Blogs and RSS

The Web is a welcoming medium for experimentation and user participation. It is becoming easier to post Web content and share comments with other users. The idea of the Web site is still very much alive, but Web participation is taking new forms and being driven by new technologies that foster social interaction. Here are two of the latest trends.

Blogs: A blog is an easy-to-create Web site that allows users to share their thoughts with the world managed by a lightweight content management system. The word "blog" comes from "Weblog" because a blog consists of a signed and dated log of individual postings. The topic of the blog can be anything, from the personal to the professional. A blog is what you make of it.

What is important about blogs is the content management system that manages the content. This system can offer a variety of features that can make the blog a useful tool. Examples include a calendar view of postings, organization of postings into categories, archived postings, options to send e-mail notification of new postings, and so on.

Blogging can be an interactive activity. Readers can add comments to a blogger's postings, other can respond, and a conversation ensues. Lately, bloggers have become well-known commentators on the political scene, but blogging can encompass any topic or no topic at all. If the blogging software allows it, bloggers can use RSS to distribute their postings.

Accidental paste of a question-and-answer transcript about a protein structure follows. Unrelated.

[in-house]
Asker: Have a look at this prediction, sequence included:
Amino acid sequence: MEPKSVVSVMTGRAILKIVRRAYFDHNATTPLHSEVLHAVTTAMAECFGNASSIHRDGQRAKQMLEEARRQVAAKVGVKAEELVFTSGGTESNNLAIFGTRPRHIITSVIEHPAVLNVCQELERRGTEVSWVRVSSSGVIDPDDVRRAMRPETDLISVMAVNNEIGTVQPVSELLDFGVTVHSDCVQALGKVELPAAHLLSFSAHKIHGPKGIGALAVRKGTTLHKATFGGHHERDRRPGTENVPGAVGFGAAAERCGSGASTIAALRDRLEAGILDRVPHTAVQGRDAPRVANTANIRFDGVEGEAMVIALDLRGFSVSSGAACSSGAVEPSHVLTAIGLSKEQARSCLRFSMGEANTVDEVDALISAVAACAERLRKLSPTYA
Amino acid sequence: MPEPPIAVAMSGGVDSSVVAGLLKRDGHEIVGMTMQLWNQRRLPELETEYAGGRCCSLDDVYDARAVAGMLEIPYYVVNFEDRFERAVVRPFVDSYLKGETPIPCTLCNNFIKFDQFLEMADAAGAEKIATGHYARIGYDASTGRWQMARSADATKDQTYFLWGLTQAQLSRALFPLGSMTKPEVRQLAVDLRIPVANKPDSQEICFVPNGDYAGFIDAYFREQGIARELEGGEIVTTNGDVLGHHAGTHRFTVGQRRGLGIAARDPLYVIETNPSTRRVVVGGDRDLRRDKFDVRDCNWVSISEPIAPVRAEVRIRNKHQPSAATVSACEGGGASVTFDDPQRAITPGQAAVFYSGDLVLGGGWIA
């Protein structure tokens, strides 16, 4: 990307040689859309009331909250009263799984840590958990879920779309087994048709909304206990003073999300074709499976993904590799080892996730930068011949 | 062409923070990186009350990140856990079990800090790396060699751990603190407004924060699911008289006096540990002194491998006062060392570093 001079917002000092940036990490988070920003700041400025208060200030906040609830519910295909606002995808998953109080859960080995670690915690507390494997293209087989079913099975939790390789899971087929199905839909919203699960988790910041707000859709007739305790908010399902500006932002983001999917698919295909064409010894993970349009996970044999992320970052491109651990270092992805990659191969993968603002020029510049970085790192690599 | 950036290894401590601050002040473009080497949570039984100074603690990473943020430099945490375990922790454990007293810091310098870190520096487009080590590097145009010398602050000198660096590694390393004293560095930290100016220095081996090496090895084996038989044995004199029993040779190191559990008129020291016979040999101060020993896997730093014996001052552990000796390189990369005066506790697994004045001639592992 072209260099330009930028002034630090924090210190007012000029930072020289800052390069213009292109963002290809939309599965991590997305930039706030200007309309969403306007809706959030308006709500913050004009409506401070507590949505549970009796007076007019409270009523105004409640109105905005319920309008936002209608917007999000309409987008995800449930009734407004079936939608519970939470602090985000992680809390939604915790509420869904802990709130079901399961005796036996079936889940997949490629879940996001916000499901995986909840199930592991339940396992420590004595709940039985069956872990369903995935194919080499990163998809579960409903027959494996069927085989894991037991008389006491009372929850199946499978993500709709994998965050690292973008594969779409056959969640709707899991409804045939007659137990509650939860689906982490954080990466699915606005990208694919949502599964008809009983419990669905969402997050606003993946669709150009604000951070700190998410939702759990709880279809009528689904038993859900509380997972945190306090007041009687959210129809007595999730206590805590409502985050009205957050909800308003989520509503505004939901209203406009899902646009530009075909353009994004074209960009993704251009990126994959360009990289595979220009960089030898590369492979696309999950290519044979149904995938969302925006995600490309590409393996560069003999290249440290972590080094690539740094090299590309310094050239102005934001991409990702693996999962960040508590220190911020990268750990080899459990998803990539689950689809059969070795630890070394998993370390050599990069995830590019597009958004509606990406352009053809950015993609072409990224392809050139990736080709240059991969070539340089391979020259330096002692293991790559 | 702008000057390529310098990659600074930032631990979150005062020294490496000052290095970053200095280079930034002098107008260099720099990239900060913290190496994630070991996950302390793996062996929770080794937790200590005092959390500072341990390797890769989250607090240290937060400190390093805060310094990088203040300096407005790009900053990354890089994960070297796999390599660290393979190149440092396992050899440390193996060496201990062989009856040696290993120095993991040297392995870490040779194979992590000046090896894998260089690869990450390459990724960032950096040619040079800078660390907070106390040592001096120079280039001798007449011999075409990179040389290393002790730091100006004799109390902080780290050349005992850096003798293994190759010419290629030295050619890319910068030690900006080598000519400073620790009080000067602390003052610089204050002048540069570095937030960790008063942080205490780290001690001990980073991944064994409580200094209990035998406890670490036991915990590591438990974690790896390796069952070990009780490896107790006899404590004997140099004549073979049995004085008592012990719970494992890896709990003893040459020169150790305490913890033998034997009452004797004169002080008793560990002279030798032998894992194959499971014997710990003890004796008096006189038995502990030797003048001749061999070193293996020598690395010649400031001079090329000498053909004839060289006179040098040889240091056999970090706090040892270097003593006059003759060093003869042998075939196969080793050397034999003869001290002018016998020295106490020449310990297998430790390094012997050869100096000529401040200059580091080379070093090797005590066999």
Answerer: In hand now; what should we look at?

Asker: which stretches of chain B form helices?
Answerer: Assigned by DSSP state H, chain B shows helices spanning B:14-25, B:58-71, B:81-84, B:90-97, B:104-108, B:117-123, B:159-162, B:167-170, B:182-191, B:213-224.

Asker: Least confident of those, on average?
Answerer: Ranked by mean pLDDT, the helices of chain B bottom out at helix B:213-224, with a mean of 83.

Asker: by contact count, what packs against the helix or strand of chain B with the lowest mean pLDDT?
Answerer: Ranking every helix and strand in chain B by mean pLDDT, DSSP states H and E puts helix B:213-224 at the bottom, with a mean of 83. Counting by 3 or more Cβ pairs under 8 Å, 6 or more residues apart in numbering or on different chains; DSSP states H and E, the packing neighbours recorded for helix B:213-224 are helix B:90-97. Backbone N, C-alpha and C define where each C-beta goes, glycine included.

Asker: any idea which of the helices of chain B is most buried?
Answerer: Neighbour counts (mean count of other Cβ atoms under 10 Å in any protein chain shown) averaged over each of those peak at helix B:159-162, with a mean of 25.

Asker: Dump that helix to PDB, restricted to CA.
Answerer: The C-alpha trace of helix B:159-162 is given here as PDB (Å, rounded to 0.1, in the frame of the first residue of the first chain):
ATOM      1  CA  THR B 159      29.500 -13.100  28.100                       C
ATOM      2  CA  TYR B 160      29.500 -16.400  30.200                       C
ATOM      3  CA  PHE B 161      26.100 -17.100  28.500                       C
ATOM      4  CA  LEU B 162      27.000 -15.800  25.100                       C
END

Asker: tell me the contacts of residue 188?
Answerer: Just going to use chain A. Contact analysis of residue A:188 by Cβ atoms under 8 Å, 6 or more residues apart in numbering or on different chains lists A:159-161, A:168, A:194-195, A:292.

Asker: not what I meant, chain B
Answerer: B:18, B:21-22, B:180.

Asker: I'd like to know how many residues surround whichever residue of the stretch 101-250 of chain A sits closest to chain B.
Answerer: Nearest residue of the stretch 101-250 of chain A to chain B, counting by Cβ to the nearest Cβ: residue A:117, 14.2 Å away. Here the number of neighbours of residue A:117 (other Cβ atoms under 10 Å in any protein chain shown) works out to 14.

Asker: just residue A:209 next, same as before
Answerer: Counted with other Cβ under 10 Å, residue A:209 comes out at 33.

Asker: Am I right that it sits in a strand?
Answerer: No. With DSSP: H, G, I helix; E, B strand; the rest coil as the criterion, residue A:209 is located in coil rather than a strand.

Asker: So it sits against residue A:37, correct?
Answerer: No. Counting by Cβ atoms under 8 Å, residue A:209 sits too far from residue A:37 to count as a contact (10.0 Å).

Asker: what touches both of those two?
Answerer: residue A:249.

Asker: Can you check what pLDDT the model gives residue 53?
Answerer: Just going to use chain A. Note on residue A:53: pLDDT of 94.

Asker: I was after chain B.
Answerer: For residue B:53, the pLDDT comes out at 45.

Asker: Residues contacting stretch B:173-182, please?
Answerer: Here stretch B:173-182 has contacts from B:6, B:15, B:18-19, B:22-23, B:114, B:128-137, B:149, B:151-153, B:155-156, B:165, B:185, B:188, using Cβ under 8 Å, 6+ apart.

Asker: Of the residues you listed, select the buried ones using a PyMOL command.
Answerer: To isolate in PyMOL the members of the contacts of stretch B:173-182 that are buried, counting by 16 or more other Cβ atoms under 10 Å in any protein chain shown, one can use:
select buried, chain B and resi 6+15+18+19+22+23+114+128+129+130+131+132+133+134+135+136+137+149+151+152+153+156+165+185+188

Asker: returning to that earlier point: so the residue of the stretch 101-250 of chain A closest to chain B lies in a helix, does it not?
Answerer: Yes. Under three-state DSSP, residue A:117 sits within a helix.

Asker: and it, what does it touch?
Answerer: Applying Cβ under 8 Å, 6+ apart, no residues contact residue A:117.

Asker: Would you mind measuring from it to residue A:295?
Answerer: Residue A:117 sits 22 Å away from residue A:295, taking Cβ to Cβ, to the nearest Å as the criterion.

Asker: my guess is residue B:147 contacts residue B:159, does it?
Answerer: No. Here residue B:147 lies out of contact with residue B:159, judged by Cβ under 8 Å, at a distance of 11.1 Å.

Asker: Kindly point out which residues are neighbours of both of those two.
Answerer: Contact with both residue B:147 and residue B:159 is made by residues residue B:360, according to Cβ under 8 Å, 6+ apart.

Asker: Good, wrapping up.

Visit Technorati, a search engine devoted to locating blogs. You can set up your own blog by visiting Blogger.

RSS: RSS allows people to place news and other announcement-type items into a simple XML format that can then be pushed to RSS readers and Web pages. The initials RSS can stand for different things, including Rich Site Summary or Really Simple Syndication. Users can subscribe to the RSS newsfeeds of their choice, and then have access to the updated information as it comes in. RSS is used for all kinds of purposes, including the news itself and announcing new content on Web sites.

RSS content may be read by using an RSS reader, or aggregator. This is usually free software that you can install on your computer that posts new items and stores old ones in a graphical interface. An RSS reader similar to e-mail software in that it displays incoming items and can store content for offline reading. Subscribing to a newsfeed is usually as simple as entering the address of the RSS document.

A useful list of RSS readers is available on the site of RSS Compendium.

It is also possible to subscribe to and read your own collection of RSS feeds on Web sites devoted to this purpose. Bloglines is one such example. The advantage here is that you can access your RSS feeds from any computer that is connected to the Web.

Posted bySumedh at 11:08 PM  

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